|Your savior is a high-school dropout|
funded by a bunch of companies
wanting to make a buck or billion.
Makes you feel good, doesn't it?.
Andre Agassi, the former tennis champ and high school dropout, and Canyon Capital Realty Advisors, recently announced the creation of a real estate fund that will spend $500 million to capitalize on and promote the movement for U.S. charter schools. The Canyon-Agassi Charter School Facilities Fund plans to develop more than 75 urban campuses with space for about 40,000 students over three to four years, according to a statement from Canyon Capital and Agassi Ventures LLC. The partners already have drawn investments from Citigroup, Intel, and the Ewing Marion Kauffman Foundation.So we have Agassi's money being dumped into charters. Impressive on first glance, but you have to wonder at the motives. Real estate companies don't usually give away things for free. Read a little closer and you find that the beneficiaries begin with KIPP, showing once again that KIPP can't operate like any public or private school in that it needs to have "a state‐of‐the‐art facility at an affordable lease rate." So he'll get his money back and he'll be happy to "help charter school operators obtain permanent financing to purchase their properties using New Market Tax Credits, tax‐exempt bond offerings or funding from the U.S. Treasury’s Community Development Financial Institutions Fund." Gotta love the sanctimonious charters playing high and holy, "We don't siphon off the public like those evil public schools do."
So Agassi's in it for the money, not altruism. Fair enough. KIPP gets cheap, brand-new buildings. Okay. At least they're not parasites on the public school system, taking half a current school building for nothing.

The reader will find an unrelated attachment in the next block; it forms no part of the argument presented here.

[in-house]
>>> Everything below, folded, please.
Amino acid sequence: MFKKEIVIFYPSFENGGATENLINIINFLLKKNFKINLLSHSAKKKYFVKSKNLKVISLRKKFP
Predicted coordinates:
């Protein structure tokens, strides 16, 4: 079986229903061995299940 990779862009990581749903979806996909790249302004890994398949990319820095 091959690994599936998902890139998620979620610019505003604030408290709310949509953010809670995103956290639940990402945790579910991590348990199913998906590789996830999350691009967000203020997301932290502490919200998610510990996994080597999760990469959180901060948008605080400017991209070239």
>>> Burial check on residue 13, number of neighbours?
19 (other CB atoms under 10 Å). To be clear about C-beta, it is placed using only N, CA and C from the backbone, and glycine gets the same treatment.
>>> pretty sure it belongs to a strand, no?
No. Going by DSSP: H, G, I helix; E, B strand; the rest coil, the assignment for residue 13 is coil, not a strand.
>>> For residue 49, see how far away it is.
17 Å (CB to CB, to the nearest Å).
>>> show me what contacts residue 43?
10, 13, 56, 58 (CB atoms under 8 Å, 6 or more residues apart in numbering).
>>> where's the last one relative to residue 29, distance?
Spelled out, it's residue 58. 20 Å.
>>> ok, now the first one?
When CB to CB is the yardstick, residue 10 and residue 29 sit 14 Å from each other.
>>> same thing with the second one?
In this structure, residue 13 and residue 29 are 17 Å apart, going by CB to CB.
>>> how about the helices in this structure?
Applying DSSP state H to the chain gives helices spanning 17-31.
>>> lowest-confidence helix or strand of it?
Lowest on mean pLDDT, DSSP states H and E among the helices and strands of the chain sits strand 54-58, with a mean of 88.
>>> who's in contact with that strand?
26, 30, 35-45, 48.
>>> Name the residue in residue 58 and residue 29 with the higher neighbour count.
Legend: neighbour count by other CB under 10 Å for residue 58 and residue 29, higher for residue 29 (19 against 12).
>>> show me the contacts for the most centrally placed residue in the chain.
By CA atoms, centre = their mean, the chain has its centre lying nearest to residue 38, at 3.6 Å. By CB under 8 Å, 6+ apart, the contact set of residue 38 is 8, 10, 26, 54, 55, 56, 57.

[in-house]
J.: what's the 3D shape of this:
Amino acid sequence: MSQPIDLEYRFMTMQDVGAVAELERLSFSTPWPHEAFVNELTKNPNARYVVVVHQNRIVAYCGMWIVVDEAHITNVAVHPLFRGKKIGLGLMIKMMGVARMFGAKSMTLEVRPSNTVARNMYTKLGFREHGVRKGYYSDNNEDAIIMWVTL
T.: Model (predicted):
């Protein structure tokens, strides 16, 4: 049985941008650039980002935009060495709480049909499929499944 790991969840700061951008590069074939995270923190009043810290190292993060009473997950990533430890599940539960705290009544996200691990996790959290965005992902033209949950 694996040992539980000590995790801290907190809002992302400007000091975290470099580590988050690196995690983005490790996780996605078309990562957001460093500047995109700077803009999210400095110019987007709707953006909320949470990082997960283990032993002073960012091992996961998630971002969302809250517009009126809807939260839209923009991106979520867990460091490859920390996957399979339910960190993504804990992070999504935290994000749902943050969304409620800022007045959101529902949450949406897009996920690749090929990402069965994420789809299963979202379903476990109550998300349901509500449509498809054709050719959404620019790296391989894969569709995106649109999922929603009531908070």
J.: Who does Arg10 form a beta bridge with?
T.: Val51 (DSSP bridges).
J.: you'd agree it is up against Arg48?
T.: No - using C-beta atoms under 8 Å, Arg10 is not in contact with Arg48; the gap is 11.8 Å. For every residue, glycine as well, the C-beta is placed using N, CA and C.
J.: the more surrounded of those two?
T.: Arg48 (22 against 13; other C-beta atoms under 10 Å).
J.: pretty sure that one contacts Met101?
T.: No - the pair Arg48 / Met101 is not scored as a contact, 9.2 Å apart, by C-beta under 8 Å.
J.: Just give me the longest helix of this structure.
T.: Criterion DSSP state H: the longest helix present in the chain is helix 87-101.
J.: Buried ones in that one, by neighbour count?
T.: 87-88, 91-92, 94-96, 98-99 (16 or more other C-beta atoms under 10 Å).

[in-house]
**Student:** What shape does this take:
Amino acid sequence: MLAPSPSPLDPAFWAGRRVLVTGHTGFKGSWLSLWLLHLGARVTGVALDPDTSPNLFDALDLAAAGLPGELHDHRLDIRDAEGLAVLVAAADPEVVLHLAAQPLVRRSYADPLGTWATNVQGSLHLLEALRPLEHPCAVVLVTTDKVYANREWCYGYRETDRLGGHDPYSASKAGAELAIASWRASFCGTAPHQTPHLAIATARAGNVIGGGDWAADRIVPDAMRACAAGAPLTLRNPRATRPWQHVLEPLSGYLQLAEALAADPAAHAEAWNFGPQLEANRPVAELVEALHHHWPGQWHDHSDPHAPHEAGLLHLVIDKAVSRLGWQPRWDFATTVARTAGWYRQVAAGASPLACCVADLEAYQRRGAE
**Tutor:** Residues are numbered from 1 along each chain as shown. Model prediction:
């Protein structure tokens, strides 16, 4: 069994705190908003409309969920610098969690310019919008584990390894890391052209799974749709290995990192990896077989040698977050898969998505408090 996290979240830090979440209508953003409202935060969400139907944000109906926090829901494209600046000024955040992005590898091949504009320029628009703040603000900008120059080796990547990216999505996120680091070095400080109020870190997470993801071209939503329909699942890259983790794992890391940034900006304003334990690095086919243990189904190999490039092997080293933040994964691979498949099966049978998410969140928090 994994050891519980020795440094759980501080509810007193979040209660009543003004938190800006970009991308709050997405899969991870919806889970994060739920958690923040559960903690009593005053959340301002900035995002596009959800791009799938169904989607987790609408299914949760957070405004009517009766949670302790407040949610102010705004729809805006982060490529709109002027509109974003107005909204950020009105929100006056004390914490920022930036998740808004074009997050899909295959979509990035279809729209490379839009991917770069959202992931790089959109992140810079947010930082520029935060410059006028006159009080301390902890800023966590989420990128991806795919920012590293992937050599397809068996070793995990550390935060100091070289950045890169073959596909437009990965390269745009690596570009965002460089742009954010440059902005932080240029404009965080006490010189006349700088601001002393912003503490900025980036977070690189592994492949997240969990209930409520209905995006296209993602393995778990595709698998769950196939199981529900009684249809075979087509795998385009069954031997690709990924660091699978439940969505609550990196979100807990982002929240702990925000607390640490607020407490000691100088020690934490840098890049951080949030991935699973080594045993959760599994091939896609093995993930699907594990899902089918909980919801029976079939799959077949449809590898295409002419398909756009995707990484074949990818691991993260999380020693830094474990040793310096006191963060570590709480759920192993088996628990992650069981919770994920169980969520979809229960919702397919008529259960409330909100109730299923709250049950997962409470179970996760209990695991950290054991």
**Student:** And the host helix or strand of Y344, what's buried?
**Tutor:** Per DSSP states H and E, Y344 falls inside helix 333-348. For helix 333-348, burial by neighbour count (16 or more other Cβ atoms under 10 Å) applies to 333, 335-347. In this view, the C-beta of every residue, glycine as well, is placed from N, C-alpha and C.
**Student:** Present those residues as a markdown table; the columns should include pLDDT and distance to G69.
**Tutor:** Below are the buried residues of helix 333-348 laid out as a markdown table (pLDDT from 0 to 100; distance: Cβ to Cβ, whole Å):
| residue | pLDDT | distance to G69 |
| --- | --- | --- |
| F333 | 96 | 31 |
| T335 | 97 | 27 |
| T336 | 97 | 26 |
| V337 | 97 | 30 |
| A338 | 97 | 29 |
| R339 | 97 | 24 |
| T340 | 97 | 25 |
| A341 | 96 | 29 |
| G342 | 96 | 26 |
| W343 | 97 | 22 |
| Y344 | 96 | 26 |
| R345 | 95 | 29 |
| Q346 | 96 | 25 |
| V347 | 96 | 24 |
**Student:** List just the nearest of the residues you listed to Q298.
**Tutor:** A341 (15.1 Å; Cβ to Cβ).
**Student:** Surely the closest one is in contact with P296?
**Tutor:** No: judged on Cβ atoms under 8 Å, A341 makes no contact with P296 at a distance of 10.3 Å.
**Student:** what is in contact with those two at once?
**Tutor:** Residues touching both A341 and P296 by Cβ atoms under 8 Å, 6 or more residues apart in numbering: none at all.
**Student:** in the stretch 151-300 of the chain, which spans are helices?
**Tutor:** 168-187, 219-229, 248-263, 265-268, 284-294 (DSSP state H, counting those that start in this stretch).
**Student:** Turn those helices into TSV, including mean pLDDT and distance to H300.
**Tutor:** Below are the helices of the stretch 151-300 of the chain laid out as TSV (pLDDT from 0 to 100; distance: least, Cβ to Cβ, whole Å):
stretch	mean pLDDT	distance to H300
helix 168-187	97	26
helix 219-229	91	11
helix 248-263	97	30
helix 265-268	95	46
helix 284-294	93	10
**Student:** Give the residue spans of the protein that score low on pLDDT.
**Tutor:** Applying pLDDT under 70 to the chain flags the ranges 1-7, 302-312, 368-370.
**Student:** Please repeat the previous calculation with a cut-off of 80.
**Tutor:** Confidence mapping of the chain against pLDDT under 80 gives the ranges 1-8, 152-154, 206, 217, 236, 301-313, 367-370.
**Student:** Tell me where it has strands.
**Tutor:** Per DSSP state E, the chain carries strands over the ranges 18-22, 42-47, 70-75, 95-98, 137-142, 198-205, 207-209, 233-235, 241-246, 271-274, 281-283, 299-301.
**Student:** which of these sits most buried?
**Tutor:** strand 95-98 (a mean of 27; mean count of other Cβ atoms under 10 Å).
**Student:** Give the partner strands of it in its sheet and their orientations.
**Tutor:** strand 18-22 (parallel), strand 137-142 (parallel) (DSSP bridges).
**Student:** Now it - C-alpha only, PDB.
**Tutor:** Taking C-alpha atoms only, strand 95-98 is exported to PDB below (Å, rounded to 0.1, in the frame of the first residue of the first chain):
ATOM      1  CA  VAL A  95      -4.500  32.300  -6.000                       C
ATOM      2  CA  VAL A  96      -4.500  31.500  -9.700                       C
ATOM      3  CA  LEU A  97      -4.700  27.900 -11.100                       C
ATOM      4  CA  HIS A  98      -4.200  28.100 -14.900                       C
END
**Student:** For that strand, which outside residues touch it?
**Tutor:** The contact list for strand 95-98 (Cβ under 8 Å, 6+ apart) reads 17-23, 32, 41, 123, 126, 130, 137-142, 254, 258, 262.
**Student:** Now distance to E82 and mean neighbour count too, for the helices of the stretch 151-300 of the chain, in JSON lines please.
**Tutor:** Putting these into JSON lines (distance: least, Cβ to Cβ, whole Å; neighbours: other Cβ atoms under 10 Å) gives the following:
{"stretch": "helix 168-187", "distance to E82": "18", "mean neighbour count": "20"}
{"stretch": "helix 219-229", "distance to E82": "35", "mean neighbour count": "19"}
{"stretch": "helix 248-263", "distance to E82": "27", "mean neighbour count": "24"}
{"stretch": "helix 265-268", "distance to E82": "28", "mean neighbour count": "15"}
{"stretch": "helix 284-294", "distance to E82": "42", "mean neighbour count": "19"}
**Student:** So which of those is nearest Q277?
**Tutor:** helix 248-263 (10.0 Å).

But then I laughed.
I had the opportunity to meet Agassi a few months back in Vegas and was terrifically impressed. I found him smart, thoughtful, humble, and interested in listening; in truth, I found him a whole lot more impressive than any number of education officials, experts, consultants, and professors that I've encountered. Having a smart, wildly successful, internationally regarded tennis champ pouring his passion into launching great schools would seem a terrific thing--and a uniquely American way to tap our strengths and resources.Impressive is good. Andre is a great player, married to a great player. Has he ever taught anyone other than his own kid? Most experts have never been in a classroom. That's why they have the time to talk to Rick.
Anyway, Let's play Mad Libs ... "Having a smart, wildly successful, internationally regarded ___________ pouring his passion into launching great schools ...."
- would "real estate agent" fit?
- "high school dropout" ?
- "carpet-bagger" ?
- "profiteer" ?
- "porno actor" (pouring his passion into education ... Sorry, couldn't help it.)
- I know! I know! I've got it ... "internationally regarded software company founder" !
Here we go again, me repeating myself. Just because you made a lot of money doesn't mean you know what's good for education. Especially if, like Agassi and Gates, you never completed your own.